Large road-grinding machines moved onto Hill streets Monday, preparing the roads for partial repaving following the placement of new gas lines a year ago. It’s a noisy mess, but a foreman said it should be done in about three weeks.
The work, being down by J.H. Lynch Contractors, is being paid for by National Grid, as a finish for the gas line work they undertook in summer 2013. At that time, contractors dug an 18-inch trench and swapped out the old gas line for a new one – something National Grid has been doing in several communities across the state.
That trench was then filled in, patched and left to settle before this more permanent paving was done.
“We require that they wait at least a good winter on those trenches,” said town Public Works Director Joe Duarte Wednesday. “Let the trenches settle.”
As to why only part of the street is getting repaved when, in many locations, the whole street could use it, Duarte said that’s something that’s worked out with National Grid.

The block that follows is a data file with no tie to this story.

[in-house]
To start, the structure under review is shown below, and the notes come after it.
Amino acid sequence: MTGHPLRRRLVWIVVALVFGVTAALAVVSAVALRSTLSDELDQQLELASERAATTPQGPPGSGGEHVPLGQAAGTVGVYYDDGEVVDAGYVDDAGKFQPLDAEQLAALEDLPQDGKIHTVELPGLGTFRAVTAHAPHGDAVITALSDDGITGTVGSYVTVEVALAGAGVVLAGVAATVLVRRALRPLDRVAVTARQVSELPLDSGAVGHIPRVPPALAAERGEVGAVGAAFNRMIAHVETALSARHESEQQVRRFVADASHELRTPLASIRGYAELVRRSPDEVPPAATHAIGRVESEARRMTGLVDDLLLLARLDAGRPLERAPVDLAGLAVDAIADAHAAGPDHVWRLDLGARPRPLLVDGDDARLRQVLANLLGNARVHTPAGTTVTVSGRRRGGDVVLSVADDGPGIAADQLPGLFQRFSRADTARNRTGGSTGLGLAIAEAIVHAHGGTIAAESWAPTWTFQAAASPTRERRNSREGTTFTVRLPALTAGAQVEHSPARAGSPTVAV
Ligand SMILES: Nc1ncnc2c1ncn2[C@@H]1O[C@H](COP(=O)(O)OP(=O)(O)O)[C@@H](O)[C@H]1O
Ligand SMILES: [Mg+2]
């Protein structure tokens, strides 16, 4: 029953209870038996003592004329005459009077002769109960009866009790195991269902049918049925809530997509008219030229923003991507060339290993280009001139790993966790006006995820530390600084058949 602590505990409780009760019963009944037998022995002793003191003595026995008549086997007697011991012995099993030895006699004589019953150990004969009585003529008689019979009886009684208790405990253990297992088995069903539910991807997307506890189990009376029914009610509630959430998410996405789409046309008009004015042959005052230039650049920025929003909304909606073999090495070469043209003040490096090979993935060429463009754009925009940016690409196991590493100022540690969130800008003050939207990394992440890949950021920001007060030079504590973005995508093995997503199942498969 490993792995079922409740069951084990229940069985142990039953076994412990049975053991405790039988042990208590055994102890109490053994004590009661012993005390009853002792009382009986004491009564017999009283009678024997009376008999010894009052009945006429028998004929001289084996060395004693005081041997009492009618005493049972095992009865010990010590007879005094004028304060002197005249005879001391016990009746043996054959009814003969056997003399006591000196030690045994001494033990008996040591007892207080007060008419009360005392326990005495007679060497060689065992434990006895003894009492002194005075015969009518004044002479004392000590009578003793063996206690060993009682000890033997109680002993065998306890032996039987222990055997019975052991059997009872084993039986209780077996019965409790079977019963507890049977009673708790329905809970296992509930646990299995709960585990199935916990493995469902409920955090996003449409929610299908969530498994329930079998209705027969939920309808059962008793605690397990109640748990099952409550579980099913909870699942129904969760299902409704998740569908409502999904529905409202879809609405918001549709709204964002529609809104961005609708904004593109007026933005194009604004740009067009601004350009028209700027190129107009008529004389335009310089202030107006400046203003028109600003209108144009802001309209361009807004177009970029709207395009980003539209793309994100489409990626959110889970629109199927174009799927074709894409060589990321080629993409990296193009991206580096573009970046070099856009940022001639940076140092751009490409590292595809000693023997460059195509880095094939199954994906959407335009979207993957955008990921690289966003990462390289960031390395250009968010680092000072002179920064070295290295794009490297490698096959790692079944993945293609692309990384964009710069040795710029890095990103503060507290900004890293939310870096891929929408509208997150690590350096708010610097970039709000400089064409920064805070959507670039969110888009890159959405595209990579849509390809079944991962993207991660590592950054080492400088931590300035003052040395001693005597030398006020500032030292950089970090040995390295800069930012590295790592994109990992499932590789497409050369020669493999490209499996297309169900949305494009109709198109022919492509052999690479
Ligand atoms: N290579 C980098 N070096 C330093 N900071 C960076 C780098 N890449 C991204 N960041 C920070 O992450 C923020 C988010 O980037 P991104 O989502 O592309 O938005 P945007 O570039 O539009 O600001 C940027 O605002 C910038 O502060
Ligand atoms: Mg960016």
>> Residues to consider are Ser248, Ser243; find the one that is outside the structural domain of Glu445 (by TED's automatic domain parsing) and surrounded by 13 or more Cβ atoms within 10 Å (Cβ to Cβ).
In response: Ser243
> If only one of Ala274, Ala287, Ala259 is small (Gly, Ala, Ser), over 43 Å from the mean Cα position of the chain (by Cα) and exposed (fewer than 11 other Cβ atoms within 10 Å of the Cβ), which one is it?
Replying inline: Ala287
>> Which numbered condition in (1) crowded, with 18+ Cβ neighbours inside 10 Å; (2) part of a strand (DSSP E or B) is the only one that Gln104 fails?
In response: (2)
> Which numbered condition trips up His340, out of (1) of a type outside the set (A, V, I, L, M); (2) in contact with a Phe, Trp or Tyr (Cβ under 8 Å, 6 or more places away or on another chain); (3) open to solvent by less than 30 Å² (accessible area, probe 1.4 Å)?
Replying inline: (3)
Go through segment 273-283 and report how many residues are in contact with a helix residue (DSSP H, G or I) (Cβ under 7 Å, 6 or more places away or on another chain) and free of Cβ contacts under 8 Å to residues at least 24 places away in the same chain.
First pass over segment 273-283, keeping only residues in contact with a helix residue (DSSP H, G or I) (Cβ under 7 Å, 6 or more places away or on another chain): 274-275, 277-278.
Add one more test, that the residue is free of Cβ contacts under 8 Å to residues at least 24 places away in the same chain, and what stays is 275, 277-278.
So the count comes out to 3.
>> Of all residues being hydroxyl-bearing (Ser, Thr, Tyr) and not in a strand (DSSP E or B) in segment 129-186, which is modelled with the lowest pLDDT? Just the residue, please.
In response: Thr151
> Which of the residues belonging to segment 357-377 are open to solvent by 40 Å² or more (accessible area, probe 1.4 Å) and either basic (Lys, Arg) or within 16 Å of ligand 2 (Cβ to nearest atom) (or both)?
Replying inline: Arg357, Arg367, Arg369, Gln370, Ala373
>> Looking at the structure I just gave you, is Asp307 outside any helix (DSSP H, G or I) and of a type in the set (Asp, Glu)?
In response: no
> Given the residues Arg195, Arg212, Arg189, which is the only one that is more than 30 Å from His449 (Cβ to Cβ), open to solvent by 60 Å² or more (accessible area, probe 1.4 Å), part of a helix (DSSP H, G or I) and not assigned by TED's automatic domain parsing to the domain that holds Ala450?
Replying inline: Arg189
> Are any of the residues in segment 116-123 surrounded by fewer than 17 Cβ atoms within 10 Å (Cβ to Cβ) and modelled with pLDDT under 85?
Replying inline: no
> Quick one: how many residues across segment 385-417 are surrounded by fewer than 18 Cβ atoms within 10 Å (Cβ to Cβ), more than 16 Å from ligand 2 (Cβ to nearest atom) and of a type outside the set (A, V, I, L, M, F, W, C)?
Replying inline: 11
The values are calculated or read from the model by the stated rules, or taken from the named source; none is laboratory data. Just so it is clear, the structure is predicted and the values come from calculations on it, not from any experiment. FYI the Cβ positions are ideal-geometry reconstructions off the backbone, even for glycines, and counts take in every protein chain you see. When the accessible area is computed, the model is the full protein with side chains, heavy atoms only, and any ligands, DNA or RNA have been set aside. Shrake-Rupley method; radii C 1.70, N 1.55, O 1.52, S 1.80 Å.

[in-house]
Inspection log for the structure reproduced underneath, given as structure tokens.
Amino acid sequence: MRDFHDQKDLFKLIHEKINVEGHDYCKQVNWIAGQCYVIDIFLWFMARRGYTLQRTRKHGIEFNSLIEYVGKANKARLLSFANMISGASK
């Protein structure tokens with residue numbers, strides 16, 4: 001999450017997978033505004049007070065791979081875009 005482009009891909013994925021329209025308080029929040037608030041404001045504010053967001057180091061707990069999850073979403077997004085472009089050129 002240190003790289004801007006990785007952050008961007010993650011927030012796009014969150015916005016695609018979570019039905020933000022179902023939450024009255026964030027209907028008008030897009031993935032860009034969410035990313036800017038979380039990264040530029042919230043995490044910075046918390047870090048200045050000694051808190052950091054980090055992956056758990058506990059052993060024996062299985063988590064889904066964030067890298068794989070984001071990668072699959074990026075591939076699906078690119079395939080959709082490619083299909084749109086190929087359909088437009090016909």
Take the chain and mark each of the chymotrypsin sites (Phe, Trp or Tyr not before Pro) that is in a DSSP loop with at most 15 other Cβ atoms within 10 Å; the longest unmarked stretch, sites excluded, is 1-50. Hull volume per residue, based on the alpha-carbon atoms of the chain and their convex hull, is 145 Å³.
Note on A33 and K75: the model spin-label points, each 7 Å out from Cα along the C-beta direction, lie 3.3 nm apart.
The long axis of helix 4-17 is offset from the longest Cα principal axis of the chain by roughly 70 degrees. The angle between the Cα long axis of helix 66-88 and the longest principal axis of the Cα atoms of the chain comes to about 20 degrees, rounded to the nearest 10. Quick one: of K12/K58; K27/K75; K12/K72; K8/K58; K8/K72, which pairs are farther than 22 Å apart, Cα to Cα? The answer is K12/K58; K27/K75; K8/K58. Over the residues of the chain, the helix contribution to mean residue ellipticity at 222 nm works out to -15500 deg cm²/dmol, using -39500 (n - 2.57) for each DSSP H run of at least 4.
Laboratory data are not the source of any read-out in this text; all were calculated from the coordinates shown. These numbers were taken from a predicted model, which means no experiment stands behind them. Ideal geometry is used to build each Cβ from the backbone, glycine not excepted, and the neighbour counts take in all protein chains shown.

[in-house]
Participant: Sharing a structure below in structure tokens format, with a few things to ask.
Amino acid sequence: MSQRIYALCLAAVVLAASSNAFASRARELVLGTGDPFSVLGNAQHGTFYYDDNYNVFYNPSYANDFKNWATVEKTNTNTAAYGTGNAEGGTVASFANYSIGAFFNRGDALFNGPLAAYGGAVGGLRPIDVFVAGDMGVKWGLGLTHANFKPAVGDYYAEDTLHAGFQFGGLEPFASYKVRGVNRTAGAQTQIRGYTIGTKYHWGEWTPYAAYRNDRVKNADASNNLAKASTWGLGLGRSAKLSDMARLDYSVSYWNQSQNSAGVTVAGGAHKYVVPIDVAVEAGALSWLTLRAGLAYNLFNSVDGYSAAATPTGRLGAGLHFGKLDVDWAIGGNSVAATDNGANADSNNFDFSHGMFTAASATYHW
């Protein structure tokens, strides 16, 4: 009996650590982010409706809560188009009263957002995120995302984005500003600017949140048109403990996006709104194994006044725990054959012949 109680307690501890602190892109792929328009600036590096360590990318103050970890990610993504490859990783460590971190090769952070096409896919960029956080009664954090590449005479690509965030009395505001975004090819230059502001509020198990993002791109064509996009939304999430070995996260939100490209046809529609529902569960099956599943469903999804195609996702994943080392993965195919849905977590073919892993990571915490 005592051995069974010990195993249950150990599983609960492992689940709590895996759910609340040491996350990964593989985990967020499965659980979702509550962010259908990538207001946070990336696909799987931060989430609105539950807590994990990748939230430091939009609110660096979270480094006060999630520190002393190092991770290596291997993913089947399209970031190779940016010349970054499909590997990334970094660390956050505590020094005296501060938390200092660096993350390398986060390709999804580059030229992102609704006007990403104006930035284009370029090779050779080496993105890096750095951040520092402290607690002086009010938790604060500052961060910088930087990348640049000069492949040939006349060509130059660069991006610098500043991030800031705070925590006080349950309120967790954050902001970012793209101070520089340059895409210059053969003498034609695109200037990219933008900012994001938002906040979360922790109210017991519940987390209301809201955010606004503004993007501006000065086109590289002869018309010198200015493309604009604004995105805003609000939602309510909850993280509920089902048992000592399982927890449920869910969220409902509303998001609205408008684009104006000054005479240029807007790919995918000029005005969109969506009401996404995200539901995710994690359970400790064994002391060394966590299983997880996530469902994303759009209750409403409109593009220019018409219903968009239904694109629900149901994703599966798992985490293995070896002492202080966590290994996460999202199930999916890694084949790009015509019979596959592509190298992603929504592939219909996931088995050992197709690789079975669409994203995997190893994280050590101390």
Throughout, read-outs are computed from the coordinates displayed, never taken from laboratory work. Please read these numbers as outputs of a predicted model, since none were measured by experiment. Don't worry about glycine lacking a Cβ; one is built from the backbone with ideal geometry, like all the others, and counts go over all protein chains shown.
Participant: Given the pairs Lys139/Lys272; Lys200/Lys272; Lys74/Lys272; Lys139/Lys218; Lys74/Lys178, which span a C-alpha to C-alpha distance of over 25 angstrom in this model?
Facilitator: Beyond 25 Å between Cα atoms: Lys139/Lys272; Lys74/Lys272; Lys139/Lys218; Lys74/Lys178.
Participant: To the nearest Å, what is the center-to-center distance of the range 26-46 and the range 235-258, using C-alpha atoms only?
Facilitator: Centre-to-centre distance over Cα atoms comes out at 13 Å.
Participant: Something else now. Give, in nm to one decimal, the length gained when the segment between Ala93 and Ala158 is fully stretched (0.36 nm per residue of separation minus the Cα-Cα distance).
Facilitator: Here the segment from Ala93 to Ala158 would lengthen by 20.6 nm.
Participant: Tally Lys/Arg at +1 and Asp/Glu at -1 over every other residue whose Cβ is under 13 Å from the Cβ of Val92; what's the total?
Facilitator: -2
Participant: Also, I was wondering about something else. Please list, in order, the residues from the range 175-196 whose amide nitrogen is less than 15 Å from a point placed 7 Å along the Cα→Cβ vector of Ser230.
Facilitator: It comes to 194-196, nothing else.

“We require them to restore the road,” he said. “If it’s a brand-new road, we’re going to make them do the whole entire road or at least half.”
But if it’s an older road – as the streets involved generally are – ”I can’t make them build the whole road.”
So, instead, National Grid is paving a 7-foot-wide strip.
“They’re a mess,” said Duarte of the roads. “They need to be redone anyway. That’s why I’m asking for that $2 million road bond.”
He was referring to the question on the Nov. 4 ballot seeking approval to borrow up to $2 million to repair roads throughout the town.
The road is “milled” or ground, first. Then the paving begins, which is quicker than the grinding, said Duarte. He said the town was expecting the construction to begin later this month, but they arrived on Monday and that’s ok with Duarte.
“As far as I’m concerned, get in here, get it done and move on,” he said.